At some point, the discussion about the construction of a dedicated vessel for building offshore wind farms in the US will have to move from aspiration to actuality. Currently, no specialized vessels for offshore wind construction exist in the US, but final investment decisions will eventually be made for large US wind plants. However, a buildout of multiple large US wind plants cannot be done in a cost-effective way by using European vessels, which is the only current solution.
That point of actuality is drawing near with a company well-positioned to deliver on the aspiration. Dominion Energy confirmed in a May 5 conference call that it was part of a consortium formed to build a US-flagged offshore wind construction vessel. This vessel will work on Dominion’s 2.6 GW offshore wind farm off the Virginia coast and on other large projects in the near-term pipeline.
Dominion plans to build its 2.6 GW project in three 880 MW phases, completing one phase each year from 2024 to 2026. The wind farm will connect into PJM’s wholesale power market, and its cost will be borne by Dominion’s ratepayers. Dominion is showing signs that it is on track with small vessels currently conducting geophysical, biological, and oceanographic surveys. Dominion also signed a preferred supplier agreement in January 2020 with Siemens Gamesa for the wind turbines. Dominion recently confirmed that the project will use the company’s latest 14 MW turbine (announced on May 19).
Consortium Provides Solution for the US Offshore Wind Market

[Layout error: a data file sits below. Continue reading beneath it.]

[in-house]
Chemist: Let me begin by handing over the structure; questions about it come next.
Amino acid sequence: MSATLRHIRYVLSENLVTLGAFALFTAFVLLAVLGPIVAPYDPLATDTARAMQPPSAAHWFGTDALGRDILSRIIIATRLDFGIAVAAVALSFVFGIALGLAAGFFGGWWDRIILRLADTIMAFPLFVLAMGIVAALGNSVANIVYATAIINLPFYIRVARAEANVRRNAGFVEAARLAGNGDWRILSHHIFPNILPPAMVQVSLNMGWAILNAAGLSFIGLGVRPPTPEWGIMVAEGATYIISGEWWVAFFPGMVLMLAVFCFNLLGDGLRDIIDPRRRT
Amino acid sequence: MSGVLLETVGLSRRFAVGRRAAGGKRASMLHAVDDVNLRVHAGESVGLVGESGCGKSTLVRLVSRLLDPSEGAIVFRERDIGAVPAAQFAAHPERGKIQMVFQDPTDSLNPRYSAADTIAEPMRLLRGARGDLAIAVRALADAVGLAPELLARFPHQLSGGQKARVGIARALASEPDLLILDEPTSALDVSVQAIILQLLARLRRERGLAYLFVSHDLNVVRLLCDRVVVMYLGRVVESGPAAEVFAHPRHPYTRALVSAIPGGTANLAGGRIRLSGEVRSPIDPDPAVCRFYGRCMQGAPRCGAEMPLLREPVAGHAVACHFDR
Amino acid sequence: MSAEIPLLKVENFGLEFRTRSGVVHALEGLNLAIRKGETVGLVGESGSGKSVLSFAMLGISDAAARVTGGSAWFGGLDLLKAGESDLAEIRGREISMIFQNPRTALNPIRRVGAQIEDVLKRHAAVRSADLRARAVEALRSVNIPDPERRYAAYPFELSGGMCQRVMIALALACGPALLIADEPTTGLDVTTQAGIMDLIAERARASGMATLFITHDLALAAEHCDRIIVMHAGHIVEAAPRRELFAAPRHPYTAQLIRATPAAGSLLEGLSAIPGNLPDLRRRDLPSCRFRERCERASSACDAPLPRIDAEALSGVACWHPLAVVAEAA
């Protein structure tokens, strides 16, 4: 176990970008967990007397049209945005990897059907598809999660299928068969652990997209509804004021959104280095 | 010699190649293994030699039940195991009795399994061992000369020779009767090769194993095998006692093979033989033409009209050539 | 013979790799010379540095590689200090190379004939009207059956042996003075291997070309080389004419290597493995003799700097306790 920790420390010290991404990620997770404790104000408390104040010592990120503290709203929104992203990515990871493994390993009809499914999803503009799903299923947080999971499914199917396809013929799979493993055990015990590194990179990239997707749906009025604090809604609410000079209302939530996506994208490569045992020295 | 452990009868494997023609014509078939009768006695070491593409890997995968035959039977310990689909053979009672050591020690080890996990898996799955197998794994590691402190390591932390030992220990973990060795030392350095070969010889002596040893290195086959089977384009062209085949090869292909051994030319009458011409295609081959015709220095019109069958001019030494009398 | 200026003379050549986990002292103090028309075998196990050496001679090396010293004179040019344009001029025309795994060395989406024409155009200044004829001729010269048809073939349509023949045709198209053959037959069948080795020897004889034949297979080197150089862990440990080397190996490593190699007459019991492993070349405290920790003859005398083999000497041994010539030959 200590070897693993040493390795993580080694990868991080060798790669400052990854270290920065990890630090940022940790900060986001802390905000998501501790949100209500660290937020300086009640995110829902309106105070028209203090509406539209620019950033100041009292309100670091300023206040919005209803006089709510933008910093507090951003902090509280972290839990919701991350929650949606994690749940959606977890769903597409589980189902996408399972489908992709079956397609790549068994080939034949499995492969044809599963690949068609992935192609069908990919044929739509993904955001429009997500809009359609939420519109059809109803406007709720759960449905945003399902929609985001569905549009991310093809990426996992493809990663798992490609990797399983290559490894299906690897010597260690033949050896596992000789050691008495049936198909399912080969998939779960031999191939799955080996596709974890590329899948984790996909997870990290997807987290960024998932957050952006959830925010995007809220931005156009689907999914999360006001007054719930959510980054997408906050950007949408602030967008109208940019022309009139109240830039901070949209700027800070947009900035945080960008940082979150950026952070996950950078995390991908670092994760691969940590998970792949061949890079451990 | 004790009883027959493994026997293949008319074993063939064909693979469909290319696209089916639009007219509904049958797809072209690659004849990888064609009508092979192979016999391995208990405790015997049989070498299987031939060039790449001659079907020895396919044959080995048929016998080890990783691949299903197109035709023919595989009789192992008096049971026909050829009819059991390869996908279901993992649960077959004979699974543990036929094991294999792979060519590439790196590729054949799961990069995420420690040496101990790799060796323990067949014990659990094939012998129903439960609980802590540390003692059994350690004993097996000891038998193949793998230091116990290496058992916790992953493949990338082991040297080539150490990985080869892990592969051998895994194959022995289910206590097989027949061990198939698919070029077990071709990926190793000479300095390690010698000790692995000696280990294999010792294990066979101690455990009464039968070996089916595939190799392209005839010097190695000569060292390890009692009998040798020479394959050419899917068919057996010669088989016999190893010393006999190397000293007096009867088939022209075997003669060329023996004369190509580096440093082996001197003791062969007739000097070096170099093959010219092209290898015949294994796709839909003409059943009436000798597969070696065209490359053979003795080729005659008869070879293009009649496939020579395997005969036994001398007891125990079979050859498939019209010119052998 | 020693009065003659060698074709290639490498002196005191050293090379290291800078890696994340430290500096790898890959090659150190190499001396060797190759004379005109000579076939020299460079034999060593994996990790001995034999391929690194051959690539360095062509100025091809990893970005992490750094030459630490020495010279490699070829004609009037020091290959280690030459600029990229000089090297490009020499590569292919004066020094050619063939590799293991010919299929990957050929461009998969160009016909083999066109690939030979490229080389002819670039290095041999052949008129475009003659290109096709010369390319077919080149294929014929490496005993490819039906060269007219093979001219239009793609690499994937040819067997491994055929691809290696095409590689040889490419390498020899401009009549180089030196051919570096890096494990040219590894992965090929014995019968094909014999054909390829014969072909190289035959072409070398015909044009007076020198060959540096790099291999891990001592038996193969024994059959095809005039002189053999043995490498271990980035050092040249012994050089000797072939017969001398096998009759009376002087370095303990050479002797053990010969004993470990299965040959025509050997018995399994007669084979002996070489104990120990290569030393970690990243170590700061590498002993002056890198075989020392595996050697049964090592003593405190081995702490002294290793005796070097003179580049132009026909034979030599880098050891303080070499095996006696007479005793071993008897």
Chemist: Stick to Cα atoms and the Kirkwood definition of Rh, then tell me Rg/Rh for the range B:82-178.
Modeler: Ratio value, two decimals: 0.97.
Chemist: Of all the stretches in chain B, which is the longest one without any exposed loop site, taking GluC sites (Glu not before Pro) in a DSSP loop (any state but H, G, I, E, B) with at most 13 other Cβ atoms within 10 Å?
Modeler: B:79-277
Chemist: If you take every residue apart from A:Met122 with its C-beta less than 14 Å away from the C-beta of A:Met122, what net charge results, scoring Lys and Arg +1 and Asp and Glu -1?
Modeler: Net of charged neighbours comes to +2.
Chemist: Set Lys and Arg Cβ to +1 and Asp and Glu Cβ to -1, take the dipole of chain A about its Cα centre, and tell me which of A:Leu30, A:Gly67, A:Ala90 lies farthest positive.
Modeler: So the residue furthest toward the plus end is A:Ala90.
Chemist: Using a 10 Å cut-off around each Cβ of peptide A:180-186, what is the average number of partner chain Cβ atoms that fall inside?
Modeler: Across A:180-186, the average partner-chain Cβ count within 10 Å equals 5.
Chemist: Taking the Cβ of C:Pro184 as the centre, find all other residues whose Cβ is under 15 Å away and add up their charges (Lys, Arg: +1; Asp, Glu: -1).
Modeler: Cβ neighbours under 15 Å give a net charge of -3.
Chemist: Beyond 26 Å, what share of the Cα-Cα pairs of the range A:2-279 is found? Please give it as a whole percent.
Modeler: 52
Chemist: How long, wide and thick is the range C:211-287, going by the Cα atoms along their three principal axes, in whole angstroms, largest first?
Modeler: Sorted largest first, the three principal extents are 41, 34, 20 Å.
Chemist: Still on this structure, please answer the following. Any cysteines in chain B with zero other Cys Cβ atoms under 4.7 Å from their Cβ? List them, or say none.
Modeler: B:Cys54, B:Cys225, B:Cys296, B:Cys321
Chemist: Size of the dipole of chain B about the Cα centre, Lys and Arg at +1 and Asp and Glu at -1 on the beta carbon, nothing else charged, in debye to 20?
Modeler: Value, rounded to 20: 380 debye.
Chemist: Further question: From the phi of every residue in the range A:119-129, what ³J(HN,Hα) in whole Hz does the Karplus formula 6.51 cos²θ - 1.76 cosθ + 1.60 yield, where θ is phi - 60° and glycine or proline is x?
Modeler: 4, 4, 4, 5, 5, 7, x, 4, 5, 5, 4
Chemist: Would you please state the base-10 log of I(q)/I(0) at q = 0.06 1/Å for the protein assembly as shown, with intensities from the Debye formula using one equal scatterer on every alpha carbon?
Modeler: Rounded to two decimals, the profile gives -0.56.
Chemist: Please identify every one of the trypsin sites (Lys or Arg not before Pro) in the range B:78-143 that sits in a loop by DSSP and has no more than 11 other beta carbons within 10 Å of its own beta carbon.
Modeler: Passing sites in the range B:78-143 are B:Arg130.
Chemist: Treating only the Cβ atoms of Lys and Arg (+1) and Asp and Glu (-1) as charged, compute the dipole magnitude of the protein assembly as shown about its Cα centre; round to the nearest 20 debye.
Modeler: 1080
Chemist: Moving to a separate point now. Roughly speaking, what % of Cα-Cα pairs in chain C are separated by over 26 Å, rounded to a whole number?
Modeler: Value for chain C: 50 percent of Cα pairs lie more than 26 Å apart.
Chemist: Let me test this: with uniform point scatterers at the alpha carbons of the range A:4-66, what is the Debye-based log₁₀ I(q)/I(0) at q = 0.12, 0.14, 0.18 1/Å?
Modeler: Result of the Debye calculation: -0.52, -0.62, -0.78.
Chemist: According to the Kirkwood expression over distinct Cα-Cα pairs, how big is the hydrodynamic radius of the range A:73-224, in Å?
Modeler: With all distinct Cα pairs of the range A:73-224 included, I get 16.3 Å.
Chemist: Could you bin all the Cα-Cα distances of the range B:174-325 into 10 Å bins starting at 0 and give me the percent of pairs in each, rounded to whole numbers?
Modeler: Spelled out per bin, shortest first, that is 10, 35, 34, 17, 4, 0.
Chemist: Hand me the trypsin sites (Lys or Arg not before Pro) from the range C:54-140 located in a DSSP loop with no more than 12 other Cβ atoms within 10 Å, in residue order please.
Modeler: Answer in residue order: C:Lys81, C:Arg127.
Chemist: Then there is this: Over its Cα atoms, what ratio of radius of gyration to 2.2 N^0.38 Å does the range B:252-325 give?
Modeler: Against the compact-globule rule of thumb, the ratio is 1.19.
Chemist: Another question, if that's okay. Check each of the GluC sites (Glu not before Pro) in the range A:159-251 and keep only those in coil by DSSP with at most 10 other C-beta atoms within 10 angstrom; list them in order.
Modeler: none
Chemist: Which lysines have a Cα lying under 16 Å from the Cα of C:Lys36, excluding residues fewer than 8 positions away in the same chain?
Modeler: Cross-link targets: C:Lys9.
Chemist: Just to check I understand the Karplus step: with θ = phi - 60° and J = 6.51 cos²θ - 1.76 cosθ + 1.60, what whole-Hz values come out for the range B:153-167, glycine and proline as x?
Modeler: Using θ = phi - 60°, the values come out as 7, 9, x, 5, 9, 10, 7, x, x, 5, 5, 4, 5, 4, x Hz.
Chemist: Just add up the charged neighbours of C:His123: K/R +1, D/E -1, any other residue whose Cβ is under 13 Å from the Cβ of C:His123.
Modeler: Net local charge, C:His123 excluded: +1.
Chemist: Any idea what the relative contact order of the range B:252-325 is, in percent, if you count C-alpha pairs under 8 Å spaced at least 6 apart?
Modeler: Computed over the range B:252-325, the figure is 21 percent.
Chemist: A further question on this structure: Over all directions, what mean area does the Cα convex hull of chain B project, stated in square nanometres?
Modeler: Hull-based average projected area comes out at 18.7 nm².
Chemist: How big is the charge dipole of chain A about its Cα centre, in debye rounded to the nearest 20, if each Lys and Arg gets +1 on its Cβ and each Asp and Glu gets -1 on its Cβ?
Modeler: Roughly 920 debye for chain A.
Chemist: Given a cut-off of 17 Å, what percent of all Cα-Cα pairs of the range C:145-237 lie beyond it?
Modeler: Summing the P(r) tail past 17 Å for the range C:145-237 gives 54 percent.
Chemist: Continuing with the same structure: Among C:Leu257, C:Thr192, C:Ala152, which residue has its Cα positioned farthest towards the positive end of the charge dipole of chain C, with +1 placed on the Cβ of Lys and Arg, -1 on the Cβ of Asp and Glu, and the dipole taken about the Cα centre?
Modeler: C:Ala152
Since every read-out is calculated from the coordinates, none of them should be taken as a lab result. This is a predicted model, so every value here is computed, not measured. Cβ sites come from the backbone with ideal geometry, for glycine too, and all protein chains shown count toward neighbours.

The construction and commissioning of a US-flagged vessel has been critical to the offshore wind market. But this process has been mired in a dilemma. Offshore wind developers face higher costs if they have to contract work from a European vessel, but investors interested in building a US vessel are not going to build without being certain the vessel is used at full capacity for the years needed to recoup the investment. A vessel will likely need 500 MW to 800 MW of annual capacity installation for at least 5 years.
The obvious answer is that the two efforts must proceed concurrently with solid contractual obligations to protect all investors and stakeholders involved. That is what Dominion and this consortium are attempting. The other stakeholders have not yet been identified, but they include offshore wind developers active in the US market. These other developers should contract their development and construction activities with this consortium-built vessel so they can avoid the higher cost and complexity of using European vessels.
The Jones Act Complicates Offshore Projects
A further challenge is a maritime law from the 1930s called the Jones Act. The law makes it illegal for vessels that are not built in the US to deliver goods and conduct work from port to port. One US offshore project commissioned in 2016, Deepwater Wind’s 30 MW Block Island wind farm off the Rhode Island coast, illustrates this challenge. The developers had to contract a jack-up vessel from Europe due to the lack of US vessels, but the vessel could not touch US shores where it would normally pick up the wind turbines, towers, and blades. Instead, Deepwater had to use smaller US-flagged barges that towed wind turbine equipment out to the site, where it was transferred to the European jack-up vessel, increasing the cost and complexity of the project. A dedicated US-flagged vessel will be more efficient and cost-effective by loading all components at a US port on one vessel. Eventually, more dedicated vessels will be essential for the future success of the US offshore wind market.
Source: Guidehouse Insights